Talking Retro

Friday, June 05, 2009


Baby-boomer journalists have a knack for alluding to characters from vintage TV series, plots from obscure films, and political events from who-knows-when. Author Ralph Keyes says these “verbal fossils” make it more difficult for an entire generation of young readers to have any clue what's being discussed.

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Comments [9]

Chris Gray from New Haven, CT

I really liked what Mr. Pettengill had to say about the Carter years and the damned lies the Republicans and the Reagan/Bush people began and the press has continued to perpetuate about his term in office for the Republicans for over twenty years. Of course, it didn't help that DC's Democrats abandoned him to these dogs. without a fight!

Two 'au pairs', one Joe Lieberman's former Scottish one and his then-current Brit one, overheard by another roommate of the Scot and me. "Vietnam. You know, the war where America dropped the bomb!" Roland and I rolled on the floor.

Jun. 11 2009 04:19 AM
alex from Brooklyn

I think that this was a poorly selected piece, primary because of the interview subject -- Ralph Keyes.

Mr. Keyes complains that younger potential listeners and readers don't understand these references, but it doesn't sound like he has actually done any research to back that up. He is complaining that some people don't know the origins of some idioms that some other people do know.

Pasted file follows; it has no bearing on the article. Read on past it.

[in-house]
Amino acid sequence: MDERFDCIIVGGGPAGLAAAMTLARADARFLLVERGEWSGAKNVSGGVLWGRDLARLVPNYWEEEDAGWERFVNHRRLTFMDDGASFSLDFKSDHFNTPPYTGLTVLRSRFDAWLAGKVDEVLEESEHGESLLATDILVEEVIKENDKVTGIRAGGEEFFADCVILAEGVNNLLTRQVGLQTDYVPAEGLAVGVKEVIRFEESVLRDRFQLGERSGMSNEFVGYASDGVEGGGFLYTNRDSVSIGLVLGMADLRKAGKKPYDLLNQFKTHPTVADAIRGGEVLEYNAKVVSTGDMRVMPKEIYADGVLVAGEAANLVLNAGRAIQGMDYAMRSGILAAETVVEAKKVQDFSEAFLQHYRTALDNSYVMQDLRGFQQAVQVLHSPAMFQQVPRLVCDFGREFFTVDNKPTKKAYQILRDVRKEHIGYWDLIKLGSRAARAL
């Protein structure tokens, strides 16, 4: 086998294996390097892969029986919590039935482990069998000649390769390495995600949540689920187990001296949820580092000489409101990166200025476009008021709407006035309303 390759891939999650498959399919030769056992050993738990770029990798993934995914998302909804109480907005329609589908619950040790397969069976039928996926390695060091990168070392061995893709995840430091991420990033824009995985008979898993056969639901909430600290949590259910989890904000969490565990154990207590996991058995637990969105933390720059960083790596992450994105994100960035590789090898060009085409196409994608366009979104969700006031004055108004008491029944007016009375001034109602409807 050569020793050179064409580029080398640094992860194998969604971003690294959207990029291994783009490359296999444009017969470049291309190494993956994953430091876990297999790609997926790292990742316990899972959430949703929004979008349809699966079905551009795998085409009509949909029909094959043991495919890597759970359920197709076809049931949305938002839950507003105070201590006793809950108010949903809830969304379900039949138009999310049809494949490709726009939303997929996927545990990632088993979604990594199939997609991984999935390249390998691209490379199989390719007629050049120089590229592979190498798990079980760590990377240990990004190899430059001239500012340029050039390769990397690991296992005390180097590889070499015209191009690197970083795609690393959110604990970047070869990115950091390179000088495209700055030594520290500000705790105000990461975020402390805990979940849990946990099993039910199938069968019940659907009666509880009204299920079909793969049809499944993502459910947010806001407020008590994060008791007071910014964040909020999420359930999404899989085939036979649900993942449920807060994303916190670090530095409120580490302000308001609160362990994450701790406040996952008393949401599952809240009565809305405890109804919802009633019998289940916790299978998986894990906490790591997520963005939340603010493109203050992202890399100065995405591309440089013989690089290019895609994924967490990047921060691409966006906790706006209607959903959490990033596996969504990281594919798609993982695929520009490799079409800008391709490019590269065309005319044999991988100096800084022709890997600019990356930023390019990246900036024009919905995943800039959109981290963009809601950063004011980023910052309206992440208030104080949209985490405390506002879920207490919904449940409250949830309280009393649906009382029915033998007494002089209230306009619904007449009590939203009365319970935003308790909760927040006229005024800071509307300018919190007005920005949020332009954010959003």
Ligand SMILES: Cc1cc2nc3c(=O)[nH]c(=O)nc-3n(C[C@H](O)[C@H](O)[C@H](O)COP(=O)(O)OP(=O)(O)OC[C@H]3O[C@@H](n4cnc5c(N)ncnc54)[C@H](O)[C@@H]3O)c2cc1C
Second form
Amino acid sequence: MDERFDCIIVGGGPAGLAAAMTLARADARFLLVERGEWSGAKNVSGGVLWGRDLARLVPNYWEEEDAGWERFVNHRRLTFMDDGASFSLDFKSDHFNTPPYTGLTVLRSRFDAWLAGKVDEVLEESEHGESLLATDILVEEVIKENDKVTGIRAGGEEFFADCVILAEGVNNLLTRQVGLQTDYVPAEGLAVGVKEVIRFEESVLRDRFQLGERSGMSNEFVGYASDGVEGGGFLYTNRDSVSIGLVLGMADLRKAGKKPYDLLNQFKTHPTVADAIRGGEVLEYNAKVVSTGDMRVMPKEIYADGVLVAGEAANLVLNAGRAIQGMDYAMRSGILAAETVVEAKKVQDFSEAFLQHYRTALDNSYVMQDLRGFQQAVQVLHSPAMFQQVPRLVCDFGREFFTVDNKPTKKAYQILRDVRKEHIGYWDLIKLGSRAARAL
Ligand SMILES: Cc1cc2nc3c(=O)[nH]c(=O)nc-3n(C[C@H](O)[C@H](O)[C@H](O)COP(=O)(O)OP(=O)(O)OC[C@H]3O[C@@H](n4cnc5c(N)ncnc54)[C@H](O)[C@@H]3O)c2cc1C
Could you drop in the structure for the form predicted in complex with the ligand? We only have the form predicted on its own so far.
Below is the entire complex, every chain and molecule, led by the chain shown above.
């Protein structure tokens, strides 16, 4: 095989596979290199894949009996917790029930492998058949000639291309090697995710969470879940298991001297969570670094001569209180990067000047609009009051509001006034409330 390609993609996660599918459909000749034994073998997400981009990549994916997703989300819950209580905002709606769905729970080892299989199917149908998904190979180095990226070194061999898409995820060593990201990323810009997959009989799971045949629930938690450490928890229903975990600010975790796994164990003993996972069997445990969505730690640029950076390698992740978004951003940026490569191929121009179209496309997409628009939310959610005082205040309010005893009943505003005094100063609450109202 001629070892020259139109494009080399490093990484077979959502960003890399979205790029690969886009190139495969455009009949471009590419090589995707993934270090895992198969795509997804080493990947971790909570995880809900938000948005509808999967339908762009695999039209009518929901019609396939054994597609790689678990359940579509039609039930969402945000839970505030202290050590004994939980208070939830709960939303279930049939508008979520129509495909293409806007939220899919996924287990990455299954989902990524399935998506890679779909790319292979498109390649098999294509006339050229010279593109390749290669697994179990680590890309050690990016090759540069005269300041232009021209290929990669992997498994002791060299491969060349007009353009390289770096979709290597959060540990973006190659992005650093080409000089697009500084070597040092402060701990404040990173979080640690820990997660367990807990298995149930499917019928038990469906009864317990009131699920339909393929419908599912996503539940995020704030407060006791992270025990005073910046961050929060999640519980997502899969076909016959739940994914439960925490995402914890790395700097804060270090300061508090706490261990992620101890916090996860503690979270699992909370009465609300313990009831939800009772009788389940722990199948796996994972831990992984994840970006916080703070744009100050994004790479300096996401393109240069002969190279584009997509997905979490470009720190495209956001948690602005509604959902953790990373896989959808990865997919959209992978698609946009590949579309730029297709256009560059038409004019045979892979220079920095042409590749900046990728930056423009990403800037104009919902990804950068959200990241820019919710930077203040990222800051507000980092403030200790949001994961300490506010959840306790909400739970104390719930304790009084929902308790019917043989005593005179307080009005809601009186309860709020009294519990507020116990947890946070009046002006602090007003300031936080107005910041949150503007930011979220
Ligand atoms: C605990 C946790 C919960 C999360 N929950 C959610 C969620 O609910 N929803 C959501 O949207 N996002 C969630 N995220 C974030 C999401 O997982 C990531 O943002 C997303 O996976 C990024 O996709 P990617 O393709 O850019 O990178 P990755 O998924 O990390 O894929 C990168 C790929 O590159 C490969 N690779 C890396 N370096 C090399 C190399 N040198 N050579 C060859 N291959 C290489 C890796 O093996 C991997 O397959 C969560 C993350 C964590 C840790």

But there is a big difference between knowing the origin of an idiom and knowing what idiom itself means. The latter does not require the former.

Given the lack of real research behind his premise, and his status as an older boomer -- did he say that he is 63 years old? -- he hardly seems the appropriate person to interview about this potential barrier to younger audiences. In fact, he seems remarkable ignorant about how people learn language and idioms in the first place.

And so, he makes an interesting point for a dinner party conversation, but it is one that really seems to lack a firm grounding in fact.

On the other hand, his book about the sources of many more recent idioms could make for interesting reading. If he didn't imply that is is necessary resource for understanding many writers, journalists and pundits, I would take him much more seriously.

Jun. 08 2009 01:58 PM
margaret from Seattle

There are all kinds of ways that history is referenced. Rap is a very good way that people get a history lesson. For example, the lines by Michael Franti of the song "Oh my God":
"Scientists who's God is progress, a four-headed sheep is their
Latest project, the CIA runnin' like that Jones from Indiana
But they still won't talk about that Jones in Guyana
This ain't no cartoon, no one slips on bananas, do you really think
That, that car killed Diana? Hell I shot Ronald Reagan, I shot JFK
I slept with Marilyn, she sung me happy birthday"
This song made me realize that I did not know some history with the "Jones from Guyana". I had to look that one up. But good songs make you want to go look up info. Maybe a definition of good media would make one want to look up the references that are unknown.